The difficulty comes, however, in then assuming that the all-pervasiveness of one's religious viewpoint or spiritual practice then comes to replace time specifically spent on religious activities or spiritual devotion. Going to a protest for ecological awareness out of a sense of kinship with all of life gained from one's spiritual tradition is a very good thing; but mistaking such participation as "the same as" doing a ritual for the gods, or meditating on one's local land spirits, or spending a few minutes daily communing with nature in nature, is a very big error. Because one might often aspire to having one's spirituality pervade all aspects of one's life, that doesn't automatically make every one of a person's activities in life "spiritual." The desire for such is admirable, but the reality is at variance with this.
Another area in which I have encountered this more often than not is in sexual activity. If "all acts of love and pleasure are my rituals" is a foundational statement in one's spirituality, then that often means that some people simply assume that any sex is therefore "sacred sex," when it isn't. (I discussed some of the difficulties with these concepts in my last column.) As I am not a Wiccan myself, I don't necessarily hold the above to be true; but, I don't think it is automatically a "bad" or "wrong" viewpoint to hold either, I merely cite it as one example in which some have made a case for "one-stop shopping" when it comes to sex and spirituality.
This "one-stop shopping" mentality can be manifested in some things that are more benign. The assumption that the actual act of buying books on magic or the gods is a spiritual experience, and thus may replace doing ritual, prayer, or meditation for the day, would be one such example that is fairly harmless though quite flawed. It can also extend, though, to things that are actually quite horrible, including people thinking that because all of sex is "sacred" that therefore what amounts to sexual harassment, assault, or even rape is also equally "sacred," and another person's resistance to such advances is simply the other person not being "spiritual enough" to understand what is going on. I wouldn't say the latter is common, but I have encountered it on more occasions than I'm personally happy to report.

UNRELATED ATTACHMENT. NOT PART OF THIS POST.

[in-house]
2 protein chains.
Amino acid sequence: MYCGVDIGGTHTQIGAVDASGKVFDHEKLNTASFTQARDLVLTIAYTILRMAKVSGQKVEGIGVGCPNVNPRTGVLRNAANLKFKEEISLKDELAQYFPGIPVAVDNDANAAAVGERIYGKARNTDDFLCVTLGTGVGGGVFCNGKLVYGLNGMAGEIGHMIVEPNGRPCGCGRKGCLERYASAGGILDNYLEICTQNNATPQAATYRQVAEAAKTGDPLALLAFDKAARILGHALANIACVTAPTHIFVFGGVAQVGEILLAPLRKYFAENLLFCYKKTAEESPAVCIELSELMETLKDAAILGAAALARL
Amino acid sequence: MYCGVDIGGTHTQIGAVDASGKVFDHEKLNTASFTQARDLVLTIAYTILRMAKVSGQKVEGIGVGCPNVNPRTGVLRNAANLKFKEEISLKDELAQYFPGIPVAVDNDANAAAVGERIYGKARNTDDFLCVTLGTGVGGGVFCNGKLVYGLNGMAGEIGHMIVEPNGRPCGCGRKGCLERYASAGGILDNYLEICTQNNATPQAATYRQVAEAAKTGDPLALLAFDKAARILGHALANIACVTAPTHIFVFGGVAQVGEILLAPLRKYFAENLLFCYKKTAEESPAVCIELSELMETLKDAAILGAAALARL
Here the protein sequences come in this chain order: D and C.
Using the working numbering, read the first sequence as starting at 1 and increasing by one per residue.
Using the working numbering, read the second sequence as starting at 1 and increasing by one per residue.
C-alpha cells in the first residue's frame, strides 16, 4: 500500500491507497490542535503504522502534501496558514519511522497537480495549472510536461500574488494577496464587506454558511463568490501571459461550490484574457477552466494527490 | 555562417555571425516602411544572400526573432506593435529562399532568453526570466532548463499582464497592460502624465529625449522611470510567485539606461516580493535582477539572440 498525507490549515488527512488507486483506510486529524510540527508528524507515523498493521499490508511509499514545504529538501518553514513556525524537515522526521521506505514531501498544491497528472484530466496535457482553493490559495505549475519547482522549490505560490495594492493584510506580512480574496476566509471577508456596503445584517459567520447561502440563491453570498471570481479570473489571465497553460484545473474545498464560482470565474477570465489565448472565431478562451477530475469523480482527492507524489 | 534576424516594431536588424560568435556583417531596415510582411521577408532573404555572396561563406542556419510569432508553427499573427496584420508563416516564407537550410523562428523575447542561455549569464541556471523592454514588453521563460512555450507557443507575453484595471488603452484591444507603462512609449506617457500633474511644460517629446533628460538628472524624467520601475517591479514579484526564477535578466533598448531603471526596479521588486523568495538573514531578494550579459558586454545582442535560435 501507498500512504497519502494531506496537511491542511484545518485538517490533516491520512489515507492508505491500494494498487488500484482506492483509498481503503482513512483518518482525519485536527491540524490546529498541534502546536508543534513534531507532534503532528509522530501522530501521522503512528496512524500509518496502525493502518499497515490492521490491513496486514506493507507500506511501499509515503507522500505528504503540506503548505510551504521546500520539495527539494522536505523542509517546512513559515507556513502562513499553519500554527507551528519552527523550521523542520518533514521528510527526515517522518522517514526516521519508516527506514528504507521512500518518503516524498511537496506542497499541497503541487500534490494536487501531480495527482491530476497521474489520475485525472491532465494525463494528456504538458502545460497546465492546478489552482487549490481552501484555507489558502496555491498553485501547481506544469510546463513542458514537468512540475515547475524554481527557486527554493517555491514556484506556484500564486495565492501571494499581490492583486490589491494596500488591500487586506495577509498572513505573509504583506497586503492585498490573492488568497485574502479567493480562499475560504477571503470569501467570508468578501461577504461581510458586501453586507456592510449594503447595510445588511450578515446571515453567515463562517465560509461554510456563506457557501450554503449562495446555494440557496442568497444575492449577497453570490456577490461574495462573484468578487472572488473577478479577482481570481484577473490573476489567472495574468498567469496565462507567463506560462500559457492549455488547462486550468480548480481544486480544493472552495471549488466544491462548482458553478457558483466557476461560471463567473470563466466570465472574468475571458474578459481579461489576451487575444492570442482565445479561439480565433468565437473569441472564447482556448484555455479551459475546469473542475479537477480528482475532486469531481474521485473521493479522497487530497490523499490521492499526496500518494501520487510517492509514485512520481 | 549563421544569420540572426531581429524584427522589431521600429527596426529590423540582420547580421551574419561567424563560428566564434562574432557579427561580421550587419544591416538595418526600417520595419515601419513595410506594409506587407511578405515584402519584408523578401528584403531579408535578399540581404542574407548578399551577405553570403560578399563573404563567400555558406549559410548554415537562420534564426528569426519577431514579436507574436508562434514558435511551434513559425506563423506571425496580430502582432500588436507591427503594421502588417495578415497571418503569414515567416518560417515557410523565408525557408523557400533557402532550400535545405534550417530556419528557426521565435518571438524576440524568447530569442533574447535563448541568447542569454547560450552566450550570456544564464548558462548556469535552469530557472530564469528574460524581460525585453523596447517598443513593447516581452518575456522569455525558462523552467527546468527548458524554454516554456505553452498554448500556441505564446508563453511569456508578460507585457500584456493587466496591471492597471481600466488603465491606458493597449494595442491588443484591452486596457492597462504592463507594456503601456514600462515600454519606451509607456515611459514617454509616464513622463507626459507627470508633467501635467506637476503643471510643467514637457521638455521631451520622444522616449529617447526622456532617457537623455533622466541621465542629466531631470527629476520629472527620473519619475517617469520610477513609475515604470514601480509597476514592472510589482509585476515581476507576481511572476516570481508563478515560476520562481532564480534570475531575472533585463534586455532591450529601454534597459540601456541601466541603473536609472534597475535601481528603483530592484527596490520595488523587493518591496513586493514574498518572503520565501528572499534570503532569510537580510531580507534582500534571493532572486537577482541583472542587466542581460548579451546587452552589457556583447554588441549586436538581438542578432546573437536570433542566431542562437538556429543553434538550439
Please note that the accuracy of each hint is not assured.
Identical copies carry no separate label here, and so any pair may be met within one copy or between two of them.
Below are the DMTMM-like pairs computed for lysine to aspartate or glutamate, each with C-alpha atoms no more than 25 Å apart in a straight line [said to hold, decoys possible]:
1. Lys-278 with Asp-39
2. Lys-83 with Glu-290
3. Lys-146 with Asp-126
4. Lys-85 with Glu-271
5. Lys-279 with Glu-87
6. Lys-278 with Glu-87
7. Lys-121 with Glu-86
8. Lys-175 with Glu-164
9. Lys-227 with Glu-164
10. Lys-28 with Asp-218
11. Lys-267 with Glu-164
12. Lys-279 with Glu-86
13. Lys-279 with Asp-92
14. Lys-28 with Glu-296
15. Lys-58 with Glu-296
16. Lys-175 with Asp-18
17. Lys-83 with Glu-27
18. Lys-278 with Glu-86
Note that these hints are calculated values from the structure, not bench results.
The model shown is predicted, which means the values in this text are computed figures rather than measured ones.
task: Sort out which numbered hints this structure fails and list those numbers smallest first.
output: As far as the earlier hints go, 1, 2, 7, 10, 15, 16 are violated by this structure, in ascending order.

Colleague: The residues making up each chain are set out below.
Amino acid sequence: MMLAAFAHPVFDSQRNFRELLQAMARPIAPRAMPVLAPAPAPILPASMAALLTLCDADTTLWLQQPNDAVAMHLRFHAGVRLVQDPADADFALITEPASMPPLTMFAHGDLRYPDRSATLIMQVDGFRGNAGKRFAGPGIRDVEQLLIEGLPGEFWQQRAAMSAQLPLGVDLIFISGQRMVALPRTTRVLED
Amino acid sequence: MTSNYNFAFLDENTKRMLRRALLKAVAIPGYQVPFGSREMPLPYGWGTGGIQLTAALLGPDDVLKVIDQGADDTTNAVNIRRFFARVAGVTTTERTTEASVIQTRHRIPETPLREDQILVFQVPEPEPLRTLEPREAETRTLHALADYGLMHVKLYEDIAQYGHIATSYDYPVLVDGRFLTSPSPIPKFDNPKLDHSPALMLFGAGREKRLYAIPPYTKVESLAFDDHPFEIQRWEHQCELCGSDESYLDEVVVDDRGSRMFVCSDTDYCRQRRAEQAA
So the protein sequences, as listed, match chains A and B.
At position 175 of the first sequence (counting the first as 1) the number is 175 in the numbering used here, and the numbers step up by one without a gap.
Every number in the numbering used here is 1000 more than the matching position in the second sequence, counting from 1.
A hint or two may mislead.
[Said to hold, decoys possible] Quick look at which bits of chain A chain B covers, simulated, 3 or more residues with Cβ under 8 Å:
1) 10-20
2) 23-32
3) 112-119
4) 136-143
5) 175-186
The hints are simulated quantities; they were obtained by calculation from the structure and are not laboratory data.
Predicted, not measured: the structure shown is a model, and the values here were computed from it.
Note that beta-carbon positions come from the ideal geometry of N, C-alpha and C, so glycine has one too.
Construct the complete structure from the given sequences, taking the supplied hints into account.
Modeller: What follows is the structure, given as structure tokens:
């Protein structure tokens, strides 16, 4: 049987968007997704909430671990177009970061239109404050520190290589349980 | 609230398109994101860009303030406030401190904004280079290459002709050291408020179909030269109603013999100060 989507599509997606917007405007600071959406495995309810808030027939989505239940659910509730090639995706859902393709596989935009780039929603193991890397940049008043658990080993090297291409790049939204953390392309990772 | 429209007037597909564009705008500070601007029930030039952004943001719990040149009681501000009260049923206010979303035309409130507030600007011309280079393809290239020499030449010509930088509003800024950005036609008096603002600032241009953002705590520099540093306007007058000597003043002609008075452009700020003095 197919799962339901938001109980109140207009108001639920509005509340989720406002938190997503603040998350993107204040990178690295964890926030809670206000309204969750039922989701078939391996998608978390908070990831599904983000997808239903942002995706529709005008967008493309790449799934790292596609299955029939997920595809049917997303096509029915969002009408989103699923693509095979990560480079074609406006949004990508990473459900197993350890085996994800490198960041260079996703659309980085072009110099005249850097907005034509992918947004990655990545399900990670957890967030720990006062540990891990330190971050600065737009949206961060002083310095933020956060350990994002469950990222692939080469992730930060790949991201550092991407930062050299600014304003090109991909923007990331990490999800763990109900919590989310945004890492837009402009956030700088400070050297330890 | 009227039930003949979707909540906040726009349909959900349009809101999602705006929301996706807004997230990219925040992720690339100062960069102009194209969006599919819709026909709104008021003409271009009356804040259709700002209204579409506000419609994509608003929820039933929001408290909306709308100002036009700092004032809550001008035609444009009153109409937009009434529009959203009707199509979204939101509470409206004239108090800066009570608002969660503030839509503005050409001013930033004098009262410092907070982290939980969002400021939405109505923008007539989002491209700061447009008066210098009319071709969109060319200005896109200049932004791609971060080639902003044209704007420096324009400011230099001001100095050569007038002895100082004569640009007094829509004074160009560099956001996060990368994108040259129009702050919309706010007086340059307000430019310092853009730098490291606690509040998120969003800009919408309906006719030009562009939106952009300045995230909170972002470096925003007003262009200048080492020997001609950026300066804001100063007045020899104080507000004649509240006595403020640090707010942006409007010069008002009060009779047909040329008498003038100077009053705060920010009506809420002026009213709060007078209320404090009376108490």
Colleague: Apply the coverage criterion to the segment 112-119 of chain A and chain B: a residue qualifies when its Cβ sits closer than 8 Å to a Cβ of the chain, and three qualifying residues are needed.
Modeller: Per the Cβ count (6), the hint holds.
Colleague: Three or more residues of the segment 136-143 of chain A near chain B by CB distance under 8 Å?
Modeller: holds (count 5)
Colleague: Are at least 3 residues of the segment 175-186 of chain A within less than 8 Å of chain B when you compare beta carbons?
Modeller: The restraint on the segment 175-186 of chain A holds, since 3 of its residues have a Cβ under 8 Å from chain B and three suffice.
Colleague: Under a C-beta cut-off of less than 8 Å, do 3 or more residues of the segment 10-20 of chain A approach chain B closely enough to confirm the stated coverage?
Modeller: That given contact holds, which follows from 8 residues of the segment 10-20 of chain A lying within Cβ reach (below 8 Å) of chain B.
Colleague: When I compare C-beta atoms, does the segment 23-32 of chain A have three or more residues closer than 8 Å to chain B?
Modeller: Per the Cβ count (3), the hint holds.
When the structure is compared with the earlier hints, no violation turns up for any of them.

It is my opinion that it is far better to claim whatever it is one is doing as a worthy act in itself, whether that is watching television, going to a Star Trek convention, or going out with an aim to score at a bar or dance club, than to constantly try and suggest that one's spirituality pervades one's every moment and every action to the point that one need not do any practices that specifically aim to connect with the gods directly, or with one's own personal spiritual nature. To do this is an act of honesty, which is often a profound and important spiritual practice in itself-but, again, one that is worthy and worthwhile only insofar as it is recognized as something that one should do as a result of one's spiritual commitments, rather than as a replacement for actually doing them.
For polytheists, and I would suggest for Pagans more generally, there are no shortcuts. One never gets, in a metaphorical sense, to kill two birds with one stone with one's daily activities and one's spiritual life. And, I would argue, this is a very good thing. Honoring every stone and every bird that one kills and attempts to kill, and full engaging with every attempt to throw each stone is, I think, far more appropriate to our theological position than assuming every activity is a two-for-one sale at a megastore simply because one has decided to say that buying things is also "spiritual."